A competent adult patient has the right to decline any and all forms of medical intervention, including lifesaving or life-prolonging treatment. Cruzan v. Director, Missouri Dep't of Health, --- U.S. ----, 110 S.Ct. 2841, 111 L.Ed.2d 224 (1990); In re Quinlan, 70 N.J. 10, 355 A.2d 647 (1976). See anno: Patient's right to refuse treatment allegedly necessary to sustain life, 93 A.L.R.3d 67. Indeed, the whole concept of informed consent to treatment leads to an inference of its converse--informed refusal of treatment. Put another way, a competent adult may choose to give or withhold consent to medical treatment.


            [190 MICHAPP 146] However, the law implies the consent of an unconscious patient to medical procedures needed to preserve the patient's life. Delahunt v. Finton, 244 Mich. 226, 229, 221 N.W. 168 (1928). See alsoYoung v. Oakland Gen. Hosp., 175 Mich.App. 132, 139, 437 N.W.2d 321 (1989). If a physician treats or operates on a patient without consent, he has committed an assault and battery and may be required to respond in damages. Id.; Banks v. Wittenberg, 82 Mich.App. 274, 279, 266 N.W.2d 788 (1978). Consent may be expressed or implied. Young, supra; Banks, supra, p. 280, 266 N.W.2d 788. It has been held that consent is implied where an emergency procedure is required and there is no opportunity to obtain actual consent or where the patient seeks treatment or otherwise manifests a willingness to submit to a particular treatment. Young, supra; Banks, supra.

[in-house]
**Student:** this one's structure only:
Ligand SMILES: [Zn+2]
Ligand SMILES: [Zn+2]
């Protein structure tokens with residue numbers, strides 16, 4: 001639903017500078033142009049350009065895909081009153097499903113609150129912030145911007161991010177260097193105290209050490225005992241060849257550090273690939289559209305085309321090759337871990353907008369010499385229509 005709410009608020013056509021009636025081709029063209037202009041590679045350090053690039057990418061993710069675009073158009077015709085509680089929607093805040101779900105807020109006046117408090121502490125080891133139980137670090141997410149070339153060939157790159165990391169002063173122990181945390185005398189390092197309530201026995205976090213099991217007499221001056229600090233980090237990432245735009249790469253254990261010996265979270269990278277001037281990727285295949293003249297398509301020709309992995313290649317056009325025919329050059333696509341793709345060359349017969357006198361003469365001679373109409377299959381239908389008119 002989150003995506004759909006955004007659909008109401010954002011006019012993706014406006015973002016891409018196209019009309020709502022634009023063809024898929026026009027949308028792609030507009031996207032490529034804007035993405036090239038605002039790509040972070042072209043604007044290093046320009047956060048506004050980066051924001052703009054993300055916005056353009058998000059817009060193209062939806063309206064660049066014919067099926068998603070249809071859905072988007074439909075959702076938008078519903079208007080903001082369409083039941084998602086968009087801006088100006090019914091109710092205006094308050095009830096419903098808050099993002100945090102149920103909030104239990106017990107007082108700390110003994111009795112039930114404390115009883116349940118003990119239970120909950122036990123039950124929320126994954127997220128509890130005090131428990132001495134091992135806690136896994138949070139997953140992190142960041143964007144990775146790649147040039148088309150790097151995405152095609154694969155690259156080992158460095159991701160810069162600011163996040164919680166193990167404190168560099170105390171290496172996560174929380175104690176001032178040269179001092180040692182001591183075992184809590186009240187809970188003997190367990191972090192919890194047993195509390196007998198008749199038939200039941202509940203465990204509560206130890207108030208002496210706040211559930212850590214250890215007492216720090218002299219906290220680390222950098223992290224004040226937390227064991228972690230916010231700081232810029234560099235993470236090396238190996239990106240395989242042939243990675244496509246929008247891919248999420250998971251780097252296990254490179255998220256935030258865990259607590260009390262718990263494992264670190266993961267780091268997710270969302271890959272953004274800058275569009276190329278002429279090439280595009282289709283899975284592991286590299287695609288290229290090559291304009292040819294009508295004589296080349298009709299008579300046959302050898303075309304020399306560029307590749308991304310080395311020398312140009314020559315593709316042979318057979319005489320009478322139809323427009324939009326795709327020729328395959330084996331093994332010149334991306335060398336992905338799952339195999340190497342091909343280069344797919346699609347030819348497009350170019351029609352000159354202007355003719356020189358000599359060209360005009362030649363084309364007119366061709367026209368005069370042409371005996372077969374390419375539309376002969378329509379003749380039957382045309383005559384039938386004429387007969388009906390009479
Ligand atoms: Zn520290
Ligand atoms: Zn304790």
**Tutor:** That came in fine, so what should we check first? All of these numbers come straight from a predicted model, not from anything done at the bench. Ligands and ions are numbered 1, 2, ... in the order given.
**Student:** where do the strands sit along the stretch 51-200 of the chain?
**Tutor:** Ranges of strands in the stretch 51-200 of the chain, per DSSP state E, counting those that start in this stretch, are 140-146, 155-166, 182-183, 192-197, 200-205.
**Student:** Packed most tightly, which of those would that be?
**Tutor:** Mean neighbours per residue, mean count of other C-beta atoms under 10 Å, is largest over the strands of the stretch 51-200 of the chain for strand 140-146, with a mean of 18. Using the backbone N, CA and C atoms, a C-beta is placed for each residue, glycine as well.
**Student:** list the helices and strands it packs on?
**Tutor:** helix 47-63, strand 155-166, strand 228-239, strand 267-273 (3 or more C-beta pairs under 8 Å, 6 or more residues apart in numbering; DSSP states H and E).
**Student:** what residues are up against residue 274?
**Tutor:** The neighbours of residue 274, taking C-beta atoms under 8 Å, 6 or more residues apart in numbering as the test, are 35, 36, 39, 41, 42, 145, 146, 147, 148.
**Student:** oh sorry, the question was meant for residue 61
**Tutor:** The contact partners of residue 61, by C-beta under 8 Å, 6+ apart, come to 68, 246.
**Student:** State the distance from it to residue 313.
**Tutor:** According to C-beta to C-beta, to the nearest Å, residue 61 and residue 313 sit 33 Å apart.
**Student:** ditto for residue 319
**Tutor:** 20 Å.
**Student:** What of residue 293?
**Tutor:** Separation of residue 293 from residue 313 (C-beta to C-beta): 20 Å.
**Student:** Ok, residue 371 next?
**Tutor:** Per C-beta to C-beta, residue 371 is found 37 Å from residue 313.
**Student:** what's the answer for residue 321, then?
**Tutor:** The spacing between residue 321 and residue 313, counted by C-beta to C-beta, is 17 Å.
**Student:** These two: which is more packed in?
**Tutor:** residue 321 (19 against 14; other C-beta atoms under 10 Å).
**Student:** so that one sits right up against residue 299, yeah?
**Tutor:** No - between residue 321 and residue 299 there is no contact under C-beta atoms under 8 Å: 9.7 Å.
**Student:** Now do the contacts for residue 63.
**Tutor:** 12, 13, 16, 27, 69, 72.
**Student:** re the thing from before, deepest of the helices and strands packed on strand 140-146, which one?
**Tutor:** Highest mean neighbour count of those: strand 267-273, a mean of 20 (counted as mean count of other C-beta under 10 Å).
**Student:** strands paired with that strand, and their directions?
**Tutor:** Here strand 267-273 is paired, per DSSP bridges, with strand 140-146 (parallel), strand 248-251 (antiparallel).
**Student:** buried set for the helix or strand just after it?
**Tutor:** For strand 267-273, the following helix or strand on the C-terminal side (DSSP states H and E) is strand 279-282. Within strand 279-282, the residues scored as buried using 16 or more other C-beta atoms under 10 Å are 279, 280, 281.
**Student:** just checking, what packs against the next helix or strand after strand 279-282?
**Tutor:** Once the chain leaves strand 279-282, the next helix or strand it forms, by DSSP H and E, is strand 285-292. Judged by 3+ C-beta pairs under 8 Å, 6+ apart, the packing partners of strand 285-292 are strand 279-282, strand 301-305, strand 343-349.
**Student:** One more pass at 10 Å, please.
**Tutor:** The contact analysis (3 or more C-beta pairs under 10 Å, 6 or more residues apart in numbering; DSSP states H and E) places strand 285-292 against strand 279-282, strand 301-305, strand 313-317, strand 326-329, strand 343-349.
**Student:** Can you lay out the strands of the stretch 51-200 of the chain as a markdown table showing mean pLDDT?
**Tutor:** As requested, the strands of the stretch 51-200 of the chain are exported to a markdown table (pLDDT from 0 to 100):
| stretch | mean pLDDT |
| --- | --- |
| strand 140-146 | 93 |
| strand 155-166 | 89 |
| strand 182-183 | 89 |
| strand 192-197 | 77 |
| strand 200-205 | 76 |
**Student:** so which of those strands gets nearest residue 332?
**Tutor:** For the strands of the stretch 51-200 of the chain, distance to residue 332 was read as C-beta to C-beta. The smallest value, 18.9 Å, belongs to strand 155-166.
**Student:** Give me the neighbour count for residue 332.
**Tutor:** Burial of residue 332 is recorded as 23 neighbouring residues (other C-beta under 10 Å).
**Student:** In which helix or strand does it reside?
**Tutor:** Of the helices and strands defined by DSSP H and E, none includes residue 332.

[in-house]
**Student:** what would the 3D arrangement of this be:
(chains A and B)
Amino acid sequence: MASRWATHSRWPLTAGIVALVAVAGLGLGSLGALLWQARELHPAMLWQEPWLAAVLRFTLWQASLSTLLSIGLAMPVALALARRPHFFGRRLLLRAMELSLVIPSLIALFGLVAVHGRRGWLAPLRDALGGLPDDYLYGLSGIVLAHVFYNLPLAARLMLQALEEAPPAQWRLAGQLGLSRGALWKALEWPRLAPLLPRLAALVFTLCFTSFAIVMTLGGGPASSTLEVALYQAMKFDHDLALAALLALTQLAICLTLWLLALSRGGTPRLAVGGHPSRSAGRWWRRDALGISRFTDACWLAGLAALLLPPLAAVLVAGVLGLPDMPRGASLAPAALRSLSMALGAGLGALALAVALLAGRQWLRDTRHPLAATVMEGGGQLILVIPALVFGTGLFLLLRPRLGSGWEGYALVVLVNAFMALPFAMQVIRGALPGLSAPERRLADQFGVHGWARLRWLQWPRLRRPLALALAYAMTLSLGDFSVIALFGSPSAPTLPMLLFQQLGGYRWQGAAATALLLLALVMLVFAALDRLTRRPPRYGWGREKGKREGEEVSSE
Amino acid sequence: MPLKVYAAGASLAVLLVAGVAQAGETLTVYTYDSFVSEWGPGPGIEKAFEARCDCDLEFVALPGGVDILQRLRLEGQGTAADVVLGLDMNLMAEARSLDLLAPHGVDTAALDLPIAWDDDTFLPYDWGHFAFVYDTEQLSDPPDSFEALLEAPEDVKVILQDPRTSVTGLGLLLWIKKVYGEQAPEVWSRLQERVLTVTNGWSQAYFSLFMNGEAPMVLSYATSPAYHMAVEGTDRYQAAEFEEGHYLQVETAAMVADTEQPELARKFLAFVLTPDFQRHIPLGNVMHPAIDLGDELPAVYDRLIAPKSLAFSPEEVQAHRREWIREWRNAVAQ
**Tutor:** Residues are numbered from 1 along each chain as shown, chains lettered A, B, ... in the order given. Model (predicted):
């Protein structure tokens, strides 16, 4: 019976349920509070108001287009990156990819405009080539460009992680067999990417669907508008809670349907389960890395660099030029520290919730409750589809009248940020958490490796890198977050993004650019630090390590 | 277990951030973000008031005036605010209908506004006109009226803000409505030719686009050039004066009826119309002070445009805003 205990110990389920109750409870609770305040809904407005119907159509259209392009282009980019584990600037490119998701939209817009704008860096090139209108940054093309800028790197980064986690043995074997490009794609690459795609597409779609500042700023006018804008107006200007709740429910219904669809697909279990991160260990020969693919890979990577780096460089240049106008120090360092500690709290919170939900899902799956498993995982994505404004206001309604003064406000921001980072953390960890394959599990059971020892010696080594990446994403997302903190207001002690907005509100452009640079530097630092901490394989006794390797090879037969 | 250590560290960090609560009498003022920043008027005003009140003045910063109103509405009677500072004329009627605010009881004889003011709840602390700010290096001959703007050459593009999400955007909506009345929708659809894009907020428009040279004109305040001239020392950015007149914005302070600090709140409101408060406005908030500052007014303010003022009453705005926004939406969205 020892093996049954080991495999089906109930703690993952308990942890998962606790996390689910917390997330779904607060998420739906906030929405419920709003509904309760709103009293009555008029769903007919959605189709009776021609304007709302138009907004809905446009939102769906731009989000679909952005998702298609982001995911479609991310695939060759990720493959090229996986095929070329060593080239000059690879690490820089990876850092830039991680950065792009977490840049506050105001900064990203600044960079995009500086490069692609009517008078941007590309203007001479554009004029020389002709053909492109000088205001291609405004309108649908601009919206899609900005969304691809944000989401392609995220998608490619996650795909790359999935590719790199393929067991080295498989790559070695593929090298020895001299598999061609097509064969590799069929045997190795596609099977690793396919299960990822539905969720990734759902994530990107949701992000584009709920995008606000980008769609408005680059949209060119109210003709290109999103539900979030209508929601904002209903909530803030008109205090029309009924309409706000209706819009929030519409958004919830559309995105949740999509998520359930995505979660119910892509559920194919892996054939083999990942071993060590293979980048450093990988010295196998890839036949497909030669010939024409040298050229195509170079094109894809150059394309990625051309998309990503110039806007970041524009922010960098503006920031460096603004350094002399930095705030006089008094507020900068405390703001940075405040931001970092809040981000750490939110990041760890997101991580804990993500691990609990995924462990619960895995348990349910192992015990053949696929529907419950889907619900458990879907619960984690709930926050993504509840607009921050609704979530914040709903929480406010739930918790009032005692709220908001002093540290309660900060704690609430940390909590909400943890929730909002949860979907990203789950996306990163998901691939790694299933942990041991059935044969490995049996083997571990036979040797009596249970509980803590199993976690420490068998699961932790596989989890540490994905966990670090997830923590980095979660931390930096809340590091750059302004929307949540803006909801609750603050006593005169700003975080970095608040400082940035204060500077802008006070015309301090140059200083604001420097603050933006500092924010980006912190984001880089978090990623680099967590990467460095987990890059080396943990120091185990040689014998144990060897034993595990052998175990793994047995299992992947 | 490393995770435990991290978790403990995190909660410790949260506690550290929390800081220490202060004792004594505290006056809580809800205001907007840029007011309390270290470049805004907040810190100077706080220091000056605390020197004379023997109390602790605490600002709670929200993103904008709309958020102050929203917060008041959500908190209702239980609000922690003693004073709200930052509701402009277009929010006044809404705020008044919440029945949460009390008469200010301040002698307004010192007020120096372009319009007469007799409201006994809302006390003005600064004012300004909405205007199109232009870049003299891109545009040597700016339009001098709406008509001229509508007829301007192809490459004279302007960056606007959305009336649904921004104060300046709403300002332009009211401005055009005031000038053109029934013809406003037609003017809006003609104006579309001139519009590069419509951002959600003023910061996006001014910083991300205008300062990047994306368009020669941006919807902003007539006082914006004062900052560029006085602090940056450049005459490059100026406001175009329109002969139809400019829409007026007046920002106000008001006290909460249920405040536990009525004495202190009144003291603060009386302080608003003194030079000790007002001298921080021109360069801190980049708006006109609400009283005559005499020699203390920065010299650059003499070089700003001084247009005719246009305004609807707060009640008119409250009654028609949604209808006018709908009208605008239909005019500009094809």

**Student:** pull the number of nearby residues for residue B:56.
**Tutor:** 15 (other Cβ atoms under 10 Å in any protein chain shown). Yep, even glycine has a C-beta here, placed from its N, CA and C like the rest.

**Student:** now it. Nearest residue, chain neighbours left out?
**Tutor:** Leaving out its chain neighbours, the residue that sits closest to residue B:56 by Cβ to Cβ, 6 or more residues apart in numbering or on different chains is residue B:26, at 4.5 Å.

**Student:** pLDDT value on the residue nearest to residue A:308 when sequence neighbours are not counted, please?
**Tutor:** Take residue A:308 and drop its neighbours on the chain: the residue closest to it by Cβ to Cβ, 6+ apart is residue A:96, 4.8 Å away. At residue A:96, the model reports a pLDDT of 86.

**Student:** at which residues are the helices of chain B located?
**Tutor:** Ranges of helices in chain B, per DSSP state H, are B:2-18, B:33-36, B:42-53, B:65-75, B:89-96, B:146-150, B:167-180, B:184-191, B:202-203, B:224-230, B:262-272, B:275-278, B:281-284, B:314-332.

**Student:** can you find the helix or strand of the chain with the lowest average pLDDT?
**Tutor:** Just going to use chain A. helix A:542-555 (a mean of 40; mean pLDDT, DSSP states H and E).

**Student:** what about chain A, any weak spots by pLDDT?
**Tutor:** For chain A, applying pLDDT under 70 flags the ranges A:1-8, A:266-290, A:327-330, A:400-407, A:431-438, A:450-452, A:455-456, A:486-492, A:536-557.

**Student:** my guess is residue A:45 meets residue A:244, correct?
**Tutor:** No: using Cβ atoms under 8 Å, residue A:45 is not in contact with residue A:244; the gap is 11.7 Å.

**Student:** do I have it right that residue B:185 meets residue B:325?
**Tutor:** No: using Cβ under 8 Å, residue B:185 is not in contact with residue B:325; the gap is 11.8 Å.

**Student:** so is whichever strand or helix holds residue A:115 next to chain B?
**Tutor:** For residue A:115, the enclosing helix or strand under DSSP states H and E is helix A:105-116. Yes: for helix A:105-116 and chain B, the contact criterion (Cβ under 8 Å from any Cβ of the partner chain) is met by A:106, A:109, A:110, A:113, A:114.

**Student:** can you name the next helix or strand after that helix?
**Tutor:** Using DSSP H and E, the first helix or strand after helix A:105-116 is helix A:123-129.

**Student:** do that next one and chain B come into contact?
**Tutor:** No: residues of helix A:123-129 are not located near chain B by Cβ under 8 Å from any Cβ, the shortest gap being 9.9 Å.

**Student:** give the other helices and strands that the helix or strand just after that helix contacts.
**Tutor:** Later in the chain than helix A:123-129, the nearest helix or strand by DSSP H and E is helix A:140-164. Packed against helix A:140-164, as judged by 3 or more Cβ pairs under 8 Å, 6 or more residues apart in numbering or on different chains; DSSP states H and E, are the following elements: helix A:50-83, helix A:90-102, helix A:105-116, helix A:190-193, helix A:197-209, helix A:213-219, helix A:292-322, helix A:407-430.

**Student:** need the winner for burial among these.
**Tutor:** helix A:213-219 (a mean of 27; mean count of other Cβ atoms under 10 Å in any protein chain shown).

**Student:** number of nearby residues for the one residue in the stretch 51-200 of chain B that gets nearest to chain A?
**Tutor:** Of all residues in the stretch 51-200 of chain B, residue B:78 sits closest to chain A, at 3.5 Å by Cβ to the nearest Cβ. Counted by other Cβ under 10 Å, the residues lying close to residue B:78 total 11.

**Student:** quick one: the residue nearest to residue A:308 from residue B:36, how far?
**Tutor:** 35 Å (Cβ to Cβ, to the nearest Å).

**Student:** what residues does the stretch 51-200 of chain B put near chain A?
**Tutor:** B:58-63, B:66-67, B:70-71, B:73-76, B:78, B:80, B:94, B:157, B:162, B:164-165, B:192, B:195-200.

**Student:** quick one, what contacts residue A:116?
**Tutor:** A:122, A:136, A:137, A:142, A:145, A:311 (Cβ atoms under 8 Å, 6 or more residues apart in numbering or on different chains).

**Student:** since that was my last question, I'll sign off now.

Page 429




            Here, the trial court determined that Cindy's refusals were made when she was contemplating merely routine elective surgery and not when life-threatening circumstances, were present and concluded that it could not be said that she made the decision to refuse a blood transfusion while in a competent state and while fully aware that death would result from such refusal. The record reflects the unexpected development of a medical emergency requiring blood transfusion to prevent death or serious compromise of the patient's well-being.